Bowser said during a news conference that the city will offer a single $1,200 stimulus payment to residents who are receiving Pandemic Unemployment Assistance, which she said will provide temporary, immediate relief as federal benefits are set to expire at the end of the month.
The funding is intended to help those who are not eligible for traditional unemployment benefits, such as gig economy workers, contractors and self-employed residents, Bowser said. Those who filed for PUA by Nov. 30 are eligible for the stimulus, which is funded through the federal Cares Act.
“We estimate we can reach about 20,000 Washingtonians with these payments,” Bowser said.
The aid comes two days after Bowser’s office sent a letter to President-elect Joe Biden that offered a grim look at challenges the city is facing amid the pandemic. In the letter, Bowser argued that D.C. was shortchanged in its Cares Act funding because it lacks statehood status. She also highlighted other priorities for the District — including the need for renewed federal unemployment assistance.
She estimated that more than 75,000 residents will lose federal unemployment benefits when the Cares Act provision expires.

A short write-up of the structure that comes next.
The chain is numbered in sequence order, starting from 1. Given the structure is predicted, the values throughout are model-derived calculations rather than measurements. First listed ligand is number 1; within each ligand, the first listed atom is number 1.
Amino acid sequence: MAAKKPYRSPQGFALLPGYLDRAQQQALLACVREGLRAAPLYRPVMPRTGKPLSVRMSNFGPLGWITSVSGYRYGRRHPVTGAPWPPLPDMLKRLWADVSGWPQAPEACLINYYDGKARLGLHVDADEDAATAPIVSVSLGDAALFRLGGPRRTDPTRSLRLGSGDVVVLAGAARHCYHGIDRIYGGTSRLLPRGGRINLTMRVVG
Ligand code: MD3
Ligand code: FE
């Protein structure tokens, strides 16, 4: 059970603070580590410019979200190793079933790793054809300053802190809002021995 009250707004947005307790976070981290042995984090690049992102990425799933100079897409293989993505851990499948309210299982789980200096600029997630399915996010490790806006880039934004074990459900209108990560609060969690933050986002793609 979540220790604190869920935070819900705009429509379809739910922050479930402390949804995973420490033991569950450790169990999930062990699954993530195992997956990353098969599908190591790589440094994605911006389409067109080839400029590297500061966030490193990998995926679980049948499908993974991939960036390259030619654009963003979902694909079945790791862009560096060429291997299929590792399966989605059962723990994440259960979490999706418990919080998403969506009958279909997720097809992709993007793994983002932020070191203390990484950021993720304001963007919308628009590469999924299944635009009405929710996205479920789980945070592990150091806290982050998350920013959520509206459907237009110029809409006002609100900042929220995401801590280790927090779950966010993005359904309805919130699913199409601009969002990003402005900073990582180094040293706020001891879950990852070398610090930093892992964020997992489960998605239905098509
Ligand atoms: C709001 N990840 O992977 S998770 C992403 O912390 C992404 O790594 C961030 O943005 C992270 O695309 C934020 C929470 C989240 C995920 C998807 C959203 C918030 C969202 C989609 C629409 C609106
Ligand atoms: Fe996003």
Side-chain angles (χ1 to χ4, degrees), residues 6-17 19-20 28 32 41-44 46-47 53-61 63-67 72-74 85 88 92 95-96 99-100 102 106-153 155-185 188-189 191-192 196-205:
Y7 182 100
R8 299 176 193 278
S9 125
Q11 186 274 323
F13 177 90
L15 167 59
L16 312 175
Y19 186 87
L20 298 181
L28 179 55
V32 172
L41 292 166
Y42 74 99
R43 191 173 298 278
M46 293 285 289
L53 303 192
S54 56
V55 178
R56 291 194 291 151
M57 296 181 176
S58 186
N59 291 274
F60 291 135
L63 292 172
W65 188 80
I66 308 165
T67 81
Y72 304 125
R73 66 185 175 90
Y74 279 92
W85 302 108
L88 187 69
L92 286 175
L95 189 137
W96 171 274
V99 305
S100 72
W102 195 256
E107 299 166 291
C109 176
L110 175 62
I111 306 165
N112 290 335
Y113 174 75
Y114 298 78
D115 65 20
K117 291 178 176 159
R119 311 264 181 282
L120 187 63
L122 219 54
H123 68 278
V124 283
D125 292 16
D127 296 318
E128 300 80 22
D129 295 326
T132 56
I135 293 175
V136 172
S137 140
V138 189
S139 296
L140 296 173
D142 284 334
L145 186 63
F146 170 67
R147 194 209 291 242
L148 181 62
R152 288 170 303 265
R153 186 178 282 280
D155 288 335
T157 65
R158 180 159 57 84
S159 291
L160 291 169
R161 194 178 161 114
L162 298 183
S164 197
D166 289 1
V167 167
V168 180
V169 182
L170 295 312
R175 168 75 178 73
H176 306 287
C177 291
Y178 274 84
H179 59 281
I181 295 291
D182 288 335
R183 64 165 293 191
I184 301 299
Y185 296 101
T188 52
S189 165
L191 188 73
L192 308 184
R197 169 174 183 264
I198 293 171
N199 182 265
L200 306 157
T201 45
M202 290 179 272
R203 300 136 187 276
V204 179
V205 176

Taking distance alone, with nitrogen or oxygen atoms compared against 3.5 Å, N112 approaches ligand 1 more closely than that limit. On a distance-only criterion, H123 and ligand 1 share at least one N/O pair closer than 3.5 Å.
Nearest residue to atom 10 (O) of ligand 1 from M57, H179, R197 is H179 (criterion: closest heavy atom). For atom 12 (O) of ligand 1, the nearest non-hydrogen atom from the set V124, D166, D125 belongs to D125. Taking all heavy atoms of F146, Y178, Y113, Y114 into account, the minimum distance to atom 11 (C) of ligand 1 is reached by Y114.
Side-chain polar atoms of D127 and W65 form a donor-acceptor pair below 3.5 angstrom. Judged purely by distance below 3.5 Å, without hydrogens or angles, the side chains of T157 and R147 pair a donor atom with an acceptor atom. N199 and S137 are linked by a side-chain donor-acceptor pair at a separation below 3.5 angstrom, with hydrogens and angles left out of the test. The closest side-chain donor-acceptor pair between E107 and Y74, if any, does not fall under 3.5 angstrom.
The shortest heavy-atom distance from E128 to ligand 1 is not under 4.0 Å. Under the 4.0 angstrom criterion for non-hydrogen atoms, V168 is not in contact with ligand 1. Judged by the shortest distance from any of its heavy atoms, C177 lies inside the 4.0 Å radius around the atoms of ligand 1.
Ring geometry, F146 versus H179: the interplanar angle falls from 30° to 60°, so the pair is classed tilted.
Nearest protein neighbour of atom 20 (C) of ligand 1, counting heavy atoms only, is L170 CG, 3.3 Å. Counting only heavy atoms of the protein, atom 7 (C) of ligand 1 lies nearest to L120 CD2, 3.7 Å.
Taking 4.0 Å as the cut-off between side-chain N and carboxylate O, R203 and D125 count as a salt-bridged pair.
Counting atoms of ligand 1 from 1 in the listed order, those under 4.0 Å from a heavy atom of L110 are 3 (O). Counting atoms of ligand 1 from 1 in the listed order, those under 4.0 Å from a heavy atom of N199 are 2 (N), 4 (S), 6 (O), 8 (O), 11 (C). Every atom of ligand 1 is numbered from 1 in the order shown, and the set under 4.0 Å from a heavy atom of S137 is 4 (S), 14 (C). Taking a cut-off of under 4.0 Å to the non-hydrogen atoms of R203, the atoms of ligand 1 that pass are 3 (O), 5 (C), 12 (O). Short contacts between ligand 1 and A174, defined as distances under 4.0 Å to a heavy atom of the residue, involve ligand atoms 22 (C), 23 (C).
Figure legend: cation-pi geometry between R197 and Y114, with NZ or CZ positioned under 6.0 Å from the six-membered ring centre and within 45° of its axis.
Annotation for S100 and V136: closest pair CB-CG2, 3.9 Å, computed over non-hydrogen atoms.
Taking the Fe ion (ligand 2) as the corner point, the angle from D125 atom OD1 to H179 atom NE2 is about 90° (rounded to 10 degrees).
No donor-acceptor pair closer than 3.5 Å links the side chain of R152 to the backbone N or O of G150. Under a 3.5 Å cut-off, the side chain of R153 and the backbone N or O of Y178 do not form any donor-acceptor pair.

“Unemployment benefits have been critical to ensuring thousands of families within the District could make ends meet during the pandemic,” Bowser wrote. “These losses in benefits will prove disastrous not only for the recipients but the essential businesses these families frequent.”
Bowser on Monday announced the suspension of high school sports, which also applies to private schools, while a ban on high-contact sports includes basketball, football, lacrosse, martial arts, rugby, soccer, wrestling and hockey. Children can continue to practice sports without contact in groups no larger than 12, she said.
The restrictions are in addition to those Bowser ramped up two weeks ago, banning live entertainment, indoor exercise classes, indoor gatherings of more than 10 people and outdoor gatherings of more than 25, plus other capacity restrictions on restaurants and places of worship.
Since then, coronavirus metrics in D.C. and the region have worsened.
On Monday, the District reported four new virus-related deaths, bringing the city’s total to 701 fatalities, while adding 183 new daily infections. Its caseload has increased 40 percent since last week, with the seven-day average hitting a new high of 252.
The city unveiled new data Monday about coronavirus outbreaks in the nation’s capital, shedding light on which types of gathering places have been most problematic. Officials define an outbreak as two or more coronavirus cases stemming from one location within a 14-day period.
City data showed universities, schools, daycares and restaurants have been the leading sources of outbreaks between Aug. 1 and Nov. 26. In that time, the city identified 109 outbreaks, including 30 at universities, 19 at D.C. schools and 15 each at daycares and restaurants.
Only two outbreaks were linked to places of worship during that time, and one was linked to nonessential retail.